called forth. At the same time, the adverse experience of mechanics' institutes has shown that it will not answer to be too austere in such matters, and indeed the man who is capable of relishing Thackeray or George Eliot is not far from the kingdom of culture. Other novelists of a less purely intellectual cast may awaken the love or stimulate the pursuit of knowledge. Scott indirectly teaches not a little history, Marryat not a little geography; either might provoke a craving for further information, and both are adapted to keep the mind in a state of healthy curiosity, susceptible of new impressions and ideas. The municipal librarian will also consider the especial circumstances of his locality. Leeds, we understand, collects everything relating to the history or processes of the woollen manufacture, and the example will no doubt be generally followed. One of the most useful suggestions made at the Librarians' Conference was that provincial librarians should make a point of collecting publications printed in their own districts, as well as the municipal documents which are rarely deposited in the British Museum. It met with a cordial response, and we believe is being extensively carried out.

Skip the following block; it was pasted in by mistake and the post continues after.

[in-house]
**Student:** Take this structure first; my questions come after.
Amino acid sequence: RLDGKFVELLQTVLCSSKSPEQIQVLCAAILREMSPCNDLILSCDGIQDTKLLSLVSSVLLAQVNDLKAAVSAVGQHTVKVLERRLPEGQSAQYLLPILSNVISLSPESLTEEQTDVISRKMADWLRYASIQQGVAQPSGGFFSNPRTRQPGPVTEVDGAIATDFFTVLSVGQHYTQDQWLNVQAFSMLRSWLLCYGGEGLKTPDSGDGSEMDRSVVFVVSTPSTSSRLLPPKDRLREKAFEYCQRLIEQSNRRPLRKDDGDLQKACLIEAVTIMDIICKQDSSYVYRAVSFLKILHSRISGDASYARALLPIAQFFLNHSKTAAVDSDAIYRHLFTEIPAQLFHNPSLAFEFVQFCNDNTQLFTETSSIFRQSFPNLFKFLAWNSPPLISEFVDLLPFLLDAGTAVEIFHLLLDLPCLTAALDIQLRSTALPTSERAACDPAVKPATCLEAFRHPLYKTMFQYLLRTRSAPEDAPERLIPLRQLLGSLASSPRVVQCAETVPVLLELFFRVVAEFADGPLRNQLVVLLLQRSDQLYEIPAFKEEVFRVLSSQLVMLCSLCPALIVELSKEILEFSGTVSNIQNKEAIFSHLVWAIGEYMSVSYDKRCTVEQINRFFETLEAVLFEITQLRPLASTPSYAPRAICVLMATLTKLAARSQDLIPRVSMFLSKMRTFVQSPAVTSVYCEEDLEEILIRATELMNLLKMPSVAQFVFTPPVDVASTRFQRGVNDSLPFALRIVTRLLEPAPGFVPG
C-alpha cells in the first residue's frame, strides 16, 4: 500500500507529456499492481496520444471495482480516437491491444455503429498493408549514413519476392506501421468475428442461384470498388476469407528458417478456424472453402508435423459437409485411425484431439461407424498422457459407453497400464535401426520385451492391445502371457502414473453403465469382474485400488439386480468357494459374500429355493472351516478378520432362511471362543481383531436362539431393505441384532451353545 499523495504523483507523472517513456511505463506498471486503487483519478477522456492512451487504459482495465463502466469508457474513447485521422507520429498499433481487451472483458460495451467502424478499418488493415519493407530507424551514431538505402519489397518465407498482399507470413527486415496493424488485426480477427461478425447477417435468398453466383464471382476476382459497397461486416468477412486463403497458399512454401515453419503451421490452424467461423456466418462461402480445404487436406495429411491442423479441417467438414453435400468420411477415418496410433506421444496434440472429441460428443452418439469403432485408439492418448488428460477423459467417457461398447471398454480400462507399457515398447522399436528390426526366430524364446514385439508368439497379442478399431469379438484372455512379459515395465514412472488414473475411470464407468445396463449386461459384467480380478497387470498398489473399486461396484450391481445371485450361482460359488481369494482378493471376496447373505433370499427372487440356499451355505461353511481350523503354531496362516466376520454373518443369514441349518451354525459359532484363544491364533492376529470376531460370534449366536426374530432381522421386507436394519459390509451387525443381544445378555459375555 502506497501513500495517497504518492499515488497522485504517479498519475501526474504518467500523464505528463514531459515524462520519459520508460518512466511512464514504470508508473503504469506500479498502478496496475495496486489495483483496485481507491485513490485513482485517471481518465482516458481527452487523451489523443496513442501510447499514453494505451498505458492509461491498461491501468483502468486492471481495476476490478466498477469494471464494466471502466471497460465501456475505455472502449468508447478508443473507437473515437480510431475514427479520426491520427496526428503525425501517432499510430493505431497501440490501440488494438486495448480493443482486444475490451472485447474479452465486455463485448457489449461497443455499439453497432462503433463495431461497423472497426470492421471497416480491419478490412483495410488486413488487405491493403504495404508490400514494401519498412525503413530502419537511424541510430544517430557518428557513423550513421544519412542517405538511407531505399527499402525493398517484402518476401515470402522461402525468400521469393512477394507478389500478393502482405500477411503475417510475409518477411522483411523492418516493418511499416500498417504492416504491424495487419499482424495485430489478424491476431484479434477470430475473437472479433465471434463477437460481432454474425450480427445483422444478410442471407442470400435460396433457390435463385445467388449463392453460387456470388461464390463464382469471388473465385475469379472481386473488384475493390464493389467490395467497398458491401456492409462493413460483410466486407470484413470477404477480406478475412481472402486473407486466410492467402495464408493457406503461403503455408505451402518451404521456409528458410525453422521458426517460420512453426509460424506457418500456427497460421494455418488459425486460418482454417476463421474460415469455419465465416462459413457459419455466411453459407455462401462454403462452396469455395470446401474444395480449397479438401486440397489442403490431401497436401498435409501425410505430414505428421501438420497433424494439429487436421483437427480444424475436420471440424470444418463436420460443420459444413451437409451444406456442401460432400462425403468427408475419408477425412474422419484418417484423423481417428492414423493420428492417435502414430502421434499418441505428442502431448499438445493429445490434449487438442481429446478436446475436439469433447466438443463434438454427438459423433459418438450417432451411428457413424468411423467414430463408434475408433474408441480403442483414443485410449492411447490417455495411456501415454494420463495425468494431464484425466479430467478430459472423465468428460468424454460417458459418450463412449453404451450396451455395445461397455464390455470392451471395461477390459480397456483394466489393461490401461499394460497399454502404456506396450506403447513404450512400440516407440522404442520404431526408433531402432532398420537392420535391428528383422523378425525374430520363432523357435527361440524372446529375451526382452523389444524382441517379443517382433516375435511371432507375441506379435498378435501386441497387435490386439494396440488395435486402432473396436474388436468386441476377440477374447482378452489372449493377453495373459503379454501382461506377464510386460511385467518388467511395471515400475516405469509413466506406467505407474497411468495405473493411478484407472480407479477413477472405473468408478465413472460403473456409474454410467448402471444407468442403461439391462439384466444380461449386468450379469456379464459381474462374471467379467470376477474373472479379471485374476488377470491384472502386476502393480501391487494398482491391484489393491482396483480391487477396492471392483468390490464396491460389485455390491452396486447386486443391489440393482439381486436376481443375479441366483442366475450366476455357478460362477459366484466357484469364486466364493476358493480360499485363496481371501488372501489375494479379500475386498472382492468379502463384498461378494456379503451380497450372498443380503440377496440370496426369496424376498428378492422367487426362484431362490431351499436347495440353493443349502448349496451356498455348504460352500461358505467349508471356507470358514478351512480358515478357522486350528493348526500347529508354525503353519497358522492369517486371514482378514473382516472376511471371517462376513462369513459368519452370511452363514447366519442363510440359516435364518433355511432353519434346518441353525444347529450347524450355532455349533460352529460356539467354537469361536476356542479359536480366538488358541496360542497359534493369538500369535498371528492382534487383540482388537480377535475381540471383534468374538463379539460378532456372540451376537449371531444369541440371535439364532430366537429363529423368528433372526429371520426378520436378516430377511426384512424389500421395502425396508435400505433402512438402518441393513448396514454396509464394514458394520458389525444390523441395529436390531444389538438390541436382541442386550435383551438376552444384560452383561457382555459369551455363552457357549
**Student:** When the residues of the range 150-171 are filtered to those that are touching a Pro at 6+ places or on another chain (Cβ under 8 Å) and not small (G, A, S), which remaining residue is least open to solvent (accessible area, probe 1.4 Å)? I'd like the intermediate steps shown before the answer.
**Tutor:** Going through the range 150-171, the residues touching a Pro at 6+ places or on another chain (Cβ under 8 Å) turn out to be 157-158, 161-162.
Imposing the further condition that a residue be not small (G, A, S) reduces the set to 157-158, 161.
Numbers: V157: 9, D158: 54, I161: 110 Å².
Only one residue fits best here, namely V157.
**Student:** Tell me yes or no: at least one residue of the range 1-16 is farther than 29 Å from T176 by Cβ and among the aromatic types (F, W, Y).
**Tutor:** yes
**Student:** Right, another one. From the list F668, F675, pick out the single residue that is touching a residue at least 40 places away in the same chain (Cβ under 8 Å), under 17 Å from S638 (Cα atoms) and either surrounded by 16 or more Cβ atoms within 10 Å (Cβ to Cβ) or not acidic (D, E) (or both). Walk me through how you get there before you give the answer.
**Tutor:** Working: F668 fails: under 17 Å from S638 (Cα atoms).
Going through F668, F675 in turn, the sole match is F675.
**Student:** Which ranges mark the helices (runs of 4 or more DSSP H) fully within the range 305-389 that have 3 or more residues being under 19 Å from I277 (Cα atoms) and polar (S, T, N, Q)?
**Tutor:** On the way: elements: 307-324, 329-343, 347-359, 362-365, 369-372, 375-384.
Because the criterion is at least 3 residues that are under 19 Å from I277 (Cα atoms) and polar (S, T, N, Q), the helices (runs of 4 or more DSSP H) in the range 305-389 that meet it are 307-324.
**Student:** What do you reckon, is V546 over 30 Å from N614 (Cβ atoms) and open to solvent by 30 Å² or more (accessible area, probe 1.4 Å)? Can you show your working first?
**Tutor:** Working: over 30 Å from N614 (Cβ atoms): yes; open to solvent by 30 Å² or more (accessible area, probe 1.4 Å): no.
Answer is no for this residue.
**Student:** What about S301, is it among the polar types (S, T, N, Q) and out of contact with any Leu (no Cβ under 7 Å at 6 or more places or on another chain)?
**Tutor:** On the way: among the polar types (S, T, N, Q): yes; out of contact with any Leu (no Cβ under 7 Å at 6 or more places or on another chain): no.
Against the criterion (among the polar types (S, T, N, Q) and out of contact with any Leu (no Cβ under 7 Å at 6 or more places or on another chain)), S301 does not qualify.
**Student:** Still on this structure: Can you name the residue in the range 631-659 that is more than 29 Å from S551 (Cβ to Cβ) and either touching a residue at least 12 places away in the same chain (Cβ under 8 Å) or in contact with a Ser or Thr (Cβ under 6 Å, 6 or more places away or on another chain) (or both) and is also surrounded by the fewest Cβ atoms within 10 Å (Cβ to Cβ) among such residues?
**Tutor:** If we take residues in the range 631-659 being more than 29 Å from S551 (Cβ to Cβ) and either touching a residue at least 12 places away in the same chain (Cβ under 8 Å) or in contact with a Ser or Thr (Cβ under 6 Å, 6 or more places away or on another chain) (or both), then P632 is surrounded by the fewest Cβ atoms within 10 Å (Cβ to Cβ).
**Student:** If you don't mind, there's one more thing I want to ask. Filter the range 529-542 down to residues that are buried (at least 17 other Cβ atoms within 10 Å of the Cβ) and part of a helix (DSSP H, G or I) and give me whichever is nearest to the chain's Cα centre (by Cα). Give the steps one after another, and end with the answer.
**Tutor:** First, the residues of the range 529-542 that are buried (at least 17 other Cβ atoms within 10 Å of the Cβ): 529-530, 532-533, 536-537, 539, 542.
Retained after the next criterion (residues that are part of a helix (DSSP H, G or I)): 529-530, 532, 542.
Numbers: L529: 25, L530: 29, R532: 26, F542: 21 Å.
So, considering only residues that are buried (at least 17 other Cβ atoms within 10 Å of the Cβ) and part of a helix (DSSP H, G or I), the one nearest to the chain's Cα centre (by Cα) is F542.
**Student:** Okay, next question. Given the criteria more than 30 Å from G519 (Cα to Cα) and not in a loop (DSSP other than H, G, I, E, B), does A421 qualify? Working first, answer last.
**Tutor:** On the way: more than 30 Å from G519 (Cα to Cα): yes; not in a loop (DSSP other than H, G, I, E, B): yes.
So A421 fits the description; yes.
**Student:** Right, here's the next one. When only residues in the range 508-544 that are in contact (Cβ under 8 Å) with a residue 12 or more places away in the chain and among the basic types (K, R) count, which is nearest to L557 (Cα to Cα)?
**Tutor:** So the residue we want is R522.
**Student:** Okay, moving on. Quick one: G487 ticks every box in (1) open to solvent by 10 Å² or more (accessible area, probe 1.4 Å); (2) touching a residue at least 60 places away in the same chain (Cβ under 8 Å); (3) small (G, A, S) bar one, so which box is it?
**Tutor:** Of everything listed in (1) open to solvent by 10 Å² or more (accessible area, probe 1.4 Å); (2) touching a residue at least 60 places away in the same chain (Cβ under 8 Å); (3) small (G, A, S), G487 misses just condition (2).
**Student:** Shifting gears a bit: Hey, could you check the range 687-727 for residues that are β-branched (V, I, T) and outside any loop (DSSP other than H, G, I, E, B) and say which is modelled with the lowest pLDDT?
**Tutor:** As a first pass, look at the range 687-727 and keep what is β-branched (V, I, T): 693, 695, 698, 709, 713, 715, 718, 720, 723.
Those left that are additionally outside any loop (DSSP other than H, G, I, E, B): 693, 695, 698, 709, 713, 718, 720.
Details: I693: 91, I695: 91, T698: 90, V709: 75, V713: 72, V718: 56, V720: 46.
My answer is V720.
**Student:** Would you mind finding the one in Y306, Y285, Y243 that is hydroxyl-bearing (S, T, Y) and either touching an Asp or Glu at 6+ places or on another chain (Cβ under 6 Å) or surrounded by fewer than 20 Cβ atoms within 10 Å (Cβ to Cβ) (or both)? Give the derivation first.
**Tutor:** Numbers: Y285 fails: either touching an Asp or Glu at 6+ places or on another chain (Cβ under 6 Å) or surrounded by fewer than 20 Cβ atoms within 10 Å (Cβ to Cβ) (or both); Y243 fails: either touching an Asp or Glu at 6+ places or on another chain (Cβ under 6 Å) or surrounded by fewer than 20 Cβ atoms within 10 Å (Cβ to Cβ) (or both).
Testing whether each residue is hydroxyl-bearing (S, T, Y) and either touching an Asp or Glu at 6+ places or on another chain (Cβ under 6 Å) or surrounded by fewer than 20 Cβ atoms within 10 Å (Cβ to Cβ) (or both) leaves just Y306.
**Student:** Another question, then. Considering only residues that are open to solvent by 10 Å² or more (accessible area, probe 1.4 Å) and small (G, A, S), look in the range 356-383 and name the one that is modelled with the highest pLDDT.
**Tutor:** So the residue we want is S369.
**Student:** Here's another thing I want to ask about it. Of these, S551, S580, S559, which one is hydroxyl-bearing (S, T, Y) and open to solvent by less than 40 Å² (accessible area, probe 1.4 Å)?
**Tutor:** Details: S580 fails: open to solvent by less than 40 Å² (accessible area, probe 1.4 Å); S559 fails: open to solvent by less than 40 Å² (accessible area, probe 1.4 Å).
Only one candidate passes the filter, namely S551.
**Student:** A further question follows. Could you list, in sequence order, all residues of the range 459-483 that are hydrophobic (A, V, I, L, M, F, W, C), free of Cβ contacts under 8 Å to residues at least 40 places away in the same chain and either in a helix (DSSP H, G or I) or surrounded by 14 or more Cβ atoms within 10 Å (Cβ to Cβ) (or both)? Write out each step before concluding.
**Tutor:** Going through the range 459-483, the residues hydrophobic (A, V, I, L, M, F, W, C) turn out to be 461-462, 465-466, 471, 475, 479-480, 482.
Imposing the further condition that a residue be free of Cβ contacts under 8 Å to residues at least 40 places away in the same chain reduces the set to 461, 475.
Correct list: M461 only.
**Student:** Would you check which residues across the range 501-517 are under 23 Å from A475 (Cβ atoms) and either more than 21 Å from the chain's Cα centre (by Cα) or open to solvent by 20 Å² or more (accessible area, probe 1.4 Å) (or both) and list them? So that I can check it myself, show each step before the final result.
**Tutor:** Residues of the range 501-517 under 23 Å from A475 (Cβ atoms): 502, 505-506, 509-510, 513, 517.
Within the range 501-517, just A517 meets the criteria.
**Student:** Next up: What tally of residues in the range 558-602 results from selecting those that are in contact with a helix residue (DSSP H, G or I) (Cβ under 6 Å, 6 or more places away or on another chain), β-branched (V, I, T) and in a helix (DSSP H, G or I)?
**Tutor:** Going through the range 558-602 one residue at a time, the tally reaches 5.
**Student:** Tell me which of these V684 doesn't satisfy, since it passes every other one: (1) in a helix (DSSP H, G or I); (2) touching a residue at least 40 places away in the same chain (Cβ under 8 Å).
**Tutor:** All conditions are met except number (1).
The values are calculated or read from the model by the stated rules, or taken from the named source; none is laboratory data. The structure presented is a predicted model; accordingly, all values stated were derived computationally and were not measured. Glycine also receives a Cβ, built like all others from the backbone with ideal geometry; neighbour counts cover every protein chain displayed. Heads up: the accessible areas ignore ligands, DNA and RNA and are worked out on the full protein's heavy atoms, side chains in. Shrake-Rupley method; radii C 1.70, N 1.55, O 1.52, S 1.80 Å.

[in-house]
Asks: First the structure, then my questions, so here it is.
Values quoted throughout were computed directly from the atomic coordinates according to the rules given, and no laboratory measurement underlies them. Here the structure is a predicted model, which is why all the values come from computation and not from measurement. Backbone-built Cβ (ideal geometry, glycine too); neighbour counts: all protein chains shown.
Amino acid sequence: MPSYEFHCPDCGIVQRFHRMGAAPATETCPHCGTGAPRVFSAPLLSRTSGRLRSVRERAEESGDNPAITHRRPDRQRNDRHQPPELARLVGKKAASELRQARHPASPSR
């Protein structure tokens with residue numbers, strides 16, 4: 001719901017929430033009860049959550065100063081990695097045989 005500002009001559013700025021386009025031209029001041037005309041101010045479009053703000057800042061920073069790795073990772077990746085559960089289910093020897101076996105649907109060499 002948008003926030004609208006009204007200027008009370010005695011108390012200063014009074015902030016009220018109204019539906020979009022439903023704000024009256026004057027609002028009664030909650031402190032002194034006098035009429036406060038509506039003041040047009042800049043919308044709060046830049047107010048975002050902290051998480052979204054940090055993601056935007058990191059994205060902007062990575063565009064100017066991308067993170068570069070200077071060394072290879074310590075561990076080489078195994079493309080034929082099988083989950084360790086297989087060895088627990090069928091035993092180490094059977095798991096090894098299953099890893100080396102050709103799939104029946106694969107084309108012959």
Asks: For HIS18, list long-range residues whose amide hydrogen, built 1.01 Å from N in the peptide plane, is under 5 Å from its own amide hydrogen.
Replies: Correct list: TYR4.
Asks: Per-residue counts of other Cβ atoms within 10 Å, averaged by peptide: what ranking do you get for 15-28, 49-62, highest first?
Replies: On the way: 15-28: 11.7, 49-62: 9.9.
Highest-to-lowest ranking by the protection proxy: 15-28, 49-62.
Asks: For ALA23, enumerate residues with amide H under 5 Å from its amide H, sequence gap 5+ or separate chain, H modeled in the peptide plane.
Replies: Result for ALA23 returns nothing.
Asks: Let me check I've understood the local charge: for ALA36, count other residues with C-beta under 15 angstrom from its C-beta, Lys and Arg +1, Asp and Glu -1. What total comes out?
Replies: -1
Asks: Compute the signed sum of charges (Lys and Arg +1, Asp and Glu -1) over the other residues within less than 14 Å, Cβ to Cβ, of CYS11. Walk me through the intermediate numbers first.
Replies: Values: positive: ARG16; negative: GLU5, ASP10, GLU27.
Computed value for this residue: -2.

Due provision having been made for replenishing the library with the books most appropriate to its circumstances, the question of the catalogue next presents itself. The controversies which used to prevail on this point may be regarded as in a great measure laid to rest. The rules of